A new task chair with the groundbreaking Similar-Swing concept
The new swing up chair system from Sedus is a direct descendant of the classic Federdreh chair which dates back to the 1920s. Research findings including work with the Department of Ergonomics at the Technical University of Munich have been applied to the new product by determining the optimum seating conditions throughout each working day for contemporary workers. Sedus has cemented its reputation as a pioneer in chair design by designing swing up to increase the number of movements a user can make while seated, improving the intuitive use of the chair and so ensuring healthier and more productive working.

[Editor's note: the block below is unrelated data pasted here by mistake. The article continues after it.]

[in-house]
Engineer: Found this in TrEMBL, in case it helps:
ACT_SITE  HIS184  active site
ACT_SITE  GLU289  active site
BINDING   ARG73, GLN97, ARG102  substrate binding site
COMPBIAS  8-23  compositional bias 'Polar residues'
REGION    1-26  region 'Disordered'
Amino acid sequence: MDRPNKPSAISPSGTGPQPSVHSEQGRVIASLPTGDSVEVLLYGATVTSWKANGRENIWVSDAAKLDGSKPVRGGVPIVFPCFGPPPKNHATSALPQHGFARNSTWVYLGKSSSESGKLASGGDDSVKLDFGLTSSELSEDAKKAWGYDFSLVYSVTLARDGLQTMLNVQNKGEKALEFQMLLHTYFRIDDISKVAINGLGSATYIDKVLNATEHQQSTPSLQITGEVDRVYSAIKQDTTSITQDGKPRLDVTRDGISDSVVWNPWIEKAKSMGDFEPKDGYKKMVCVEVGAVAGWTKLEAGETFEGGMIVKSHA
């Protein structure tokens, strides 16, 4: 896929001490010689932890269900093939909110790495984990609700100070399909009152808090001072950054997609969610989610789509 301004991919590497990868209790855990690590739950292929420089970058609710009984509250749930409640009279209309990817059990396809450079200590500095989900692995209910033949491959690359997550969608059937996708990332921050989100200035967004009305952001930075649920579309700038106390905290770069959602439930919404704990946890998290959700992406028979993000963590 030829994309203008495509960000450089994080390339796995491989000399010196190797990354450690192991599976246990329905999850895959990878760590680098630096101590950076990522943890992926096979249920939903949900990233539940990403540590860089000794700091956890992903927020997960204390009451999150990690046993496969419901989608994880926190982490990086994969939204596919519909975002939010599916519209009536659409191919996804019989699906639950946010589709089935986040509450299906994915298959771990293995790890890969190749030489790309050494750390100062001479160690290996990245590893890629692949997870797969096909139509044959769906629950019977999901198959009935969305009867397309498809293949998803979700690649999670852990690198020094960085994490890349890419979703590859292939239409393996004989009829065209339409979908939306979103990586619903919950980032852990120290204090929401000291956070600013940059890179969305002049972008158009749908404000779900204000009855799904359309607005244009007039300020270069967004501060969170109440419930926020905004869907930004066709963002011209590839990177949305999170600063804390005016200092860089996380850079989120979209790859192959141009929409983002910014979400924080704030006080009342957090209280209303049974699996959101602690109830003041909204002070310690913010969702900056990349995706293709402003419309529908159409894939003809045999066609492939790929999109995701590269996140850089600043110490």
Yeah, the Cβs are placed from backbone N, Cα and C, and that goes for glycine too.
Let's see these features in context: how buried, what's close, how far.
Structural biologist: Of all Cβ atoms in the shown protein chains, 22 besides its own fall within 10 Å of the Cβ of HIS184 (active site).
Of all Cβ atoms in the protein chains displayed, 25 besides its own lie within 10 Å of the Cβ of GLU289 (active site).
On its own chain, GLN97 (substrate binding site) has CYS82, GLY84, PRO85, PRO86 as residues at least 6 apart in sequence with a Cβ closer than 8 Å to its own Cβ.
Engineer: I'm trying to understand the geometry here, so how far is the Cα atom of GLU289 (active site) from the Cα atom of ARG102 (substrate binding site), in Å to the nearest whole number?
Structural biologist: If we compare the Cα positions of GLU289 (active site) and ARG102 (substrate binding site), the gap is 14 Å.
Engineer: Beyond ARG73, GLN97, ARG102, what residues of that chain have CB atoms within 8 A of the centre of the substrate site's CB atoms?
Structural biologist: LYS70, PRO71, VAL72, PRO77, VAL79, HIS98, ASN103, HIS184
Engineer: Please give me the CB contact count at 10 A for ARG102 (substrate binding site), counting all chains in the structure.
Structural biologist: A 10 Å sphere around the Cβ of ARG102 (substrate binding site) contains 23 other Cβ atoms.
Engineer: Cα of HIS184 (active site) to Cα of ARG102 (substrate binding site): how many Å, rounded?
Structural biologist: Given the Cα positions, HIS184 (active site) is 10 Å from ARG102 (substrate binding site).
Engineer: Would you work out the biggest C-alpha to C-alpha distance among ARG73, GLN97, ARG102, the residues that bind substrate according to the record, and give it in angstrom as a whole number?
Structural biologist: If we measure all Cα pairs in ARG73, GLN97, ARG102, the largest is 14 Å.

From an evolutionary perspective, sitting down is not a natural position for humans. The last great change in the human body came around the time of the Stone Age when we were still extremely physically active. That fact is the underlying reason why there is such a strong link between physical activity and mental acuity. The flow of blood and hormones throughout our bodies correlate exactly with our levels of physical activity and the brain can only function properly when it is properly nourished by the bloodstream. This is the essence of our mental development and intellectual capability. This indisputable fact presents a unique challenge to o ce workers who are placed in a literally unnatural position by the nature of what they do.